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  Subjects -> PHILOSOPHY (Total: 762 journals)
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Logos & Episteme
Journal Prestige (SJR): 0.274
Number of Followers: 0  
 
  Full-text available via subscription Subscription journal
ISSN (Print) 2069-0533 - ISSN (Online) 2069-3052
Published by Philosophy Documentation Center Homepage  [89 journals]
  • Notes to Contributors

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      PubDate: Sat, 25 Jun 2022 05:01:02 GMT
       
  • Further Reflections on Quasi-factivism: A Reply to Baumann

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      Authors: Michael J. Shaffer
      Abstract: This paper is a constructive response to Peter Baumann’s comments concerning the argument from inconsistency and explosion that was originally introduced in “Can Knowledge Really be Non-factive'” Specifically, this paper deals with Baumann’s two suggestions for how quasi-factivists might avoid this argument and it shows that they are both problematic. As such, his paper extends and strengthens the case against the view that knowledge is not factive, i.e. the view that knowledge implies that what is known is true or approximately true.
      PubDate: Sat, 25 Jun 2022 05:01:01 GMT
       
  • Notes on the Contributors

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      PubDate: Sat, 25 Jun 2022 05:01:01 GMT
       
  • Logos and Episteme. Aims and Scope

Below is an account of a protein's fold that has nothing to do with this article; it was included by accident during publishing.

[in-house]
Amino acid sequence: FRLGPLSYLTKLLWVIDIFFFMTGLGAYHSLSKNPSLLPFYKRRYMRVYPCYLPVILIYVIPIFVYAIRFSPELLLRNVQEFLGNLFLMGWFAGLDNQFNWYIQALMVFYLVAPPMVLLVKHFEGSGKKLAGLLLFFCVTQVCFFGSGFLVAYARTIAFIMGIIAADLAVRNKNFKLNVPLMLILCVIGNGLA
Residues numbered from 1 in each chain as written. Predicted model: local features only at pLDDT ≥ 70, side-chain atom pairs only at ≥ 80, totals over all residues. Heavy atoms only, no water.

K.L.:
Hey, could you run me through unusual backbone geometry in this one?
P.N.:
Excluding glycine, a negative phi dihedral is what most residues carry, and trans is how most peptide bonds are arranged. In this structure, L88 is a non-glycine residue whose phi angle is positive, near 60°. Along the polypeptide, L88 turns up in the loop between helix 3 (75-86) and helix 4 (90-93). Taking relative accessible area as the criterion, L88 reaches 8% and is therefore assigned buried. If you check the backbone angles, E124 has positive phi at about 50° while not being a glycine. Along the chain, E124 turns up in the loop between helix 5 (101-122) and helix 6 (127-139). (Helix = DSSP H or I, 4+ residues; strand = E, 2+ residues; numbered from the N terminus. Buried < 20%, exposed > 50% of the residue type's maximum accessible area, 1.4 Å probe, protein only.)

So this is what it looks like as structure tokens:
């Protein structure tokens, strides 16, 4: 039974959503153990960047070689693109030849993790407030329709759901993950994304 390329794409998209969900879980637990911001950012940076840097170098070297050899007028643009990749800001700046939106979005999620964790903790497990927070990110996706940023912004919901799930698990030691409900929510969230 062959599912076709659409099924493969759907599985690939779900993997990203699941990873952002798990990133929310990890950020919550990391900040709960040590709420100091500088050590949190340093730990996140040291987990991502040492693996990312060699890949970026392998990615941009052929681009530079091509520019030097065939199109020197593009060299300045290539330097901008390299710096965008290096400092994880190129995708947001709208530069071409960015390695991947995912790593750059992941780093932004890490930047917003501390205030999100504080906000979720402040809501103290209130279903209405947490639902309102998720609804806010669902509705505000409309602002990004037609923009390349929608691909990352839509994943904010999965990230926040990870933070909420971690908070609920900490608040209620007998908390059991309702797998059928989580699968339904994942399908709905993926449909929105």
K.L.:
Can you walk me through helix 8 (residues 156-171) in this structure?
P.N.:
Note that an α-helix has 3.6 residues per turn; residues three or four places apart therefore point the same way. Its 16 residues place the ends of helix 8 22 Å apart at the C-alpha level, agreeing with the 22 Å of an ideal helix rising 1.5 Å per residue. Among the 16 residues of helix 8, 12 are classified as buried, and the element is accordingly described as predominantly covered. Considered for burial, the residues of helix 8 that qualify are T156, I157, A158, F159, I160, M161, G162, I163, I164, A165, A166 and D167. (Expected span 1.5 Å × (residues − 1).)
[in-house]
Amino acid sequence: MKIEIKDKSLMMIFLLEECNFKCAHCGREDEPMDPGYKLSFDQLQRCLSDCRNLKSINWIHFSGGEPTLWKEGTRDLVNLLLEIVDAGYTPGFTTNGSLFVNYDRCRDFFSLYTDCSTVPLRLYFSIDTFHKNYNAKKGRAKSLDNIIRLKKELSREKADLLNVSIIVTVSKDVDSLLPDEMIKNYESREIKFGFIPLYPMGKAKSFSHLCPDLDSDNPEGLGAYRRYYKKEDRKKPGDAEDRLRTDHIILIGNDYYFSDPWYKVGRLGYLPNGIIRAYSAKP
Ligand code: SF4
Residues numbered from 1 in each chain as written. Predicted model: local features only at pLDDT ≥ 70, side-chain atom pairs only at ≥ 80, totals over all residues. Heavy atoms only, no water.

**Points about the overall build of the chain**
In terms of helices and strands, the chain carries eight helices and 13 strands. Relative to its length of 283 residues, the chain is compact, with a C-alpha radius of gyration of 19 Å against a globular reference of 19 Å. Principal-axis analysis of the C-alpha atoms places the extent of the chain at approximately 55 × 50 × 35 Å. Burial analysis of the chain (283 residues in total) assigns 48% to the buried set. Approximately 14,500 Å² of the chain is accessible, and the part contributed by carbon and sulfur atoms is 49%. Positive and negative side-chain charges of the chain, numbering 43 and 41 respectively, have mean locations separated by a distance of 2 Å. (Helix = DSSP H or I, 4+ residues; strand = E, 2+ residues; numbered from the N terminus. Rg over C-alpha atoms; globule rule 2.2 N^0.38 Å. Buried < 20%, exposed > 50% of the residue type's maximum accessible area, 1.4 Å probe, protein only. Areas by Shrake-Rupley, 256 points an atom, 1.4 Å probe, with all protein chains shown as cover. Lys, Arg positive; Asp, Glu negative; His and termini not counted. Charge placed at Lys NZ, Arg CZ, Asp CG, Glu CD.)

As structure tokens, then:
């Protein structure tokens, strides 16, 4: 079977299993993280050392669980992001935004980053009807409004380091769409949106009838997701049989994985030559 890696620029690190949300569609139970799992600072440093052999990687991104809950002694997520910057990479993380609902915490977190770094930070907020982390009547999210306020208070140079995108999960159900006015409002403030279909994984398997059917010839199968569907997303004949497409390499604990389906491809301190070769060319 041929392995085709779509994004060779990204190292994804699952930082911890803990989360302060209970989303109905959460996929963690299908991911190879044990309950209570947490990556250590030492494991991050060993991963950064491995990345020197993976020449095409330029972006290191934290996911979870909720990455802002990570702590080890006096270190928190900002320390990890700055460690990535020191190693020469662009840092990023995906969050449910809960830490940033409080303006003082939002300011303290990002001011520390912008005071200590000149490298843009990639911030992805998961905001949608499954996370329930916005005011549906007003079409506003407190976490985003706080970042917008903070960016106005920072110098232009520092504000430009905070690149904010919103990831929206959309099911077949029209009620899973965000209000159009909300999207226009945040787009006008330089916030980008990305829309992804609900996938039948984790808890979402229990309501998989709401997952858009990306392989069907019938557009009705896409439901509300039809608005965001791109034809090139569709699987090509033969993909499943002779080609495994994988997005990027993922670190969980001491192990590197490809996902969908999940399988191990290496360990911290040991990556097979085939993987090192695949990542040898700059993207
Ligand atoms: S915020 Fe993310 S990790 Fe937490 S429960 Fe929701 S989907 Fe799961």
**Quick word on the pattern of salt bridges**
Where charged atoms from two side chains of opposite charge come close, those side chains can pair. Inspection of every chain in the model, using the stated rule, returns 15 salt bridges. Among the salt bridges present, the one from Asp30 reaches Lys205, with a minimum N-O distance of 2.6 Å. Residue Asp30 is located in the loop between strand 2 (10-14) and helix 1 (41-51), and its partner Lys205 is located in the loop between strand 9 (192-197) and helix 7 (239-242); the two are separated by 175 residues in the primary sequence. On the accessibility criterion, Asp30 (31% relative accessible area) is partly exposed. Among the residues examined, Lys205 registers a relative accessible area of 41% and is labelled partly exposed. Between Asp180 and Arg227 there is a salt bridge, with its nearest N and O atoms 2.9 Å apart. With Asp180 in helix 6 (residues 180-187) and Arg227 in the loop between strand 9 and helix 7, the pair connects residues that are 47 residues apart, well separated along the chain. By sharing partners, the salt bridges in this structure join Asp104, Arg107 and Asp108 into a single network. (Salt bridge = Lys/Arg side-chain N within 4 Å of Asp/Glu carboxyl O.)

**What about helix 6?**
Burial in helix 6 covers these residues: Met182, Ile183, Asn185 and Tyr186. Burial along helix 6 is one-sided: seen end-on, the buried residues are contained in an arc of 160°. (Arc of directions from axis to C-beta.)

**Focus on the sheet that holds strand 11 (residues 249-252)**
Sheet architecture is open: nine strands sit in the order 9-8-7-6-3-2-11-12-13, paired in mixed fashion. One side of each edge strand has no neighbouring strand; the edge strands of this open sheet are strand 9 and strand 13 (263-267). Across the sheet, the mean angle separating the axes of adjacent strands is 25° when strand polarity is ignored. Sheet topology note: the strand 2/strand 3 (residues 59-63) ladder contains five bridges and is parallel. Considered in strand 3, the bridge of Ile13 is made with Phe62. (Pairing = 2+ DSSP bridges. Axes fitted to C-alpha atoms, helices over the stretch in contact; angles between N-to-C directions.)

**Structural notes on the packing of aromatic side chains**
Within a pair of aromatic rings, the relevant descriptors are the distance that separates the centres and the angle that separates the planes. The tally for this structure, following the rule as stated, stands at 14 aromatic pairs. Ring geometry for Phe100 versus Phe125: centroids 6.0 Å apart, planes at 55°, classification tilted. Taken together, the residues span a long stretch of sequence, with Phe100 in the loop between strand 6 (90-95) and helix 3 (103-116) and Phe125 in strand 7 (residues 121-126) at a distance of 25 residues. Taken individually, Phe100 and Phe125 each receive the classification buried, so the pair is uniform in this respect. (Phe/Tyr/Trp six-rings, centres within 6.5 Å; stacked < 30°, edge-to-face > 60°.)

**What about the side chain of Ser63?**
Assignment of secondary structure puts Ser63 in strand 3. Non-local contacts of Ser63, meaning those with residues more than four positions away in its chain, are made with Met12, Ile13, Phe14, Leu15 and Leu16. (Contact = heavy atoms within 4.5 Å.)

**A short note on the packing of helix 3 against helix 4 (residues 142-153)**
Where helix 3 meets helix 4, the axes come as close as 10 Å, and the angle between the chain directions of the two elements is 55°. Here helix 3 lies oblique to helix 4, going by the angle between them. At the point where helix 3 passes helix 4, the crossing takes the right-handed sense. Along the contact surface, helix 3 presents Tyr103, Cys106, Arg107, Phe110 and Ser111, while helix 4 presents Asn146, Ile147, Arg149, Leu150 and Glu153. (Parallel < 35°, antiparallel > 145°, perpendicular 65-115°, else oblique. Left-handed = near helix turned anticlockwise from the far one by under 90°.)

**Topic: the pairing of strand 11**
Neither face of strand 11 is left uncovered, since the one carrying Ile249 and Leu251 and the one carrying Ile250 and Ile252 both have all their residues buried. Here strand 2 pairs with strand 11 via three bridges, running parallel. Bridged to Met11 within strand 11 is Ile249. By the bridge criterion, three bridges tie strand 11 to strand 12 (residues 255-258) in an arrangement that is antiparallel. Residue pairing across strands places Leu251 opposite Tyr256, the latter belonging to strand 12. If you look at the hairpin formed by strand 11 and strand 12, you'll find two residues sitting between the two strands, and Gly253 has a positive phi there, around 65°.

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      PubDate: Sat, 25 Jun 2022 05:01:01 GMT
       
  • The End of the Case' A Metaphilosophical Critique of Thought
           Experiments

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      Authors: Santiago A. Vrech
      Abstract: In this paper I carry out two tasks. First, I account for one of the distinctive uses of thought experiments in philosophy, namely, the fact that just a thought experiment is sufficient to confute a well-established theory. Secondly, I present three arguments to defend the claim that, at least in philosophy, we should remove thought experiments from our metaphilosophical toolkit. The central premise that motivates these arguments is the following: the very methodology of thought experiments permits to construct different scenarios in which philosophical theories are refuted ad infinitum.
      PubDate: Sat, 25 Jun 2022 05:01:00 GMT
       
  • Oliver and Smiley on the Collective–Distributive Opposition

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      Authors: Gustavo Picazo
      Abstract: Two objections are raised against Oliver and Smiley’s analysis of the collective–distributive opposition in their 2016 book: (1) They take it as a basic premise that the collective reading of ‘baked a cake’ corresponds to a predicate different from its distributive reading, and the same applies to all predicate expressions that admit both a collective and a distributive interpretation. At the same time, however, they argue that inflectional forms of the same lexeme (such as ‘is a man’ and ‘are men’) reveal a univocity that should be preserved in a formal representation of English. These two assumptions sit uneasily. (2) In developing their analysis, Oliver and Smiley come to the conclusion that even a singular predication such as ‘Tom baked a cake’ must be regarded as ambiguous between a collective and a distributive reading. This is so artificial that it hardly makes sense, and yet there seems to be no way out of the difficulty unless we are prepared to give up the basic premise just mentioned.
      PubDate: Sat, 25 Jun 2022 05:01:00 GMT
       
  • How Big Do Things Look'

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      Authors: Ron McClamrock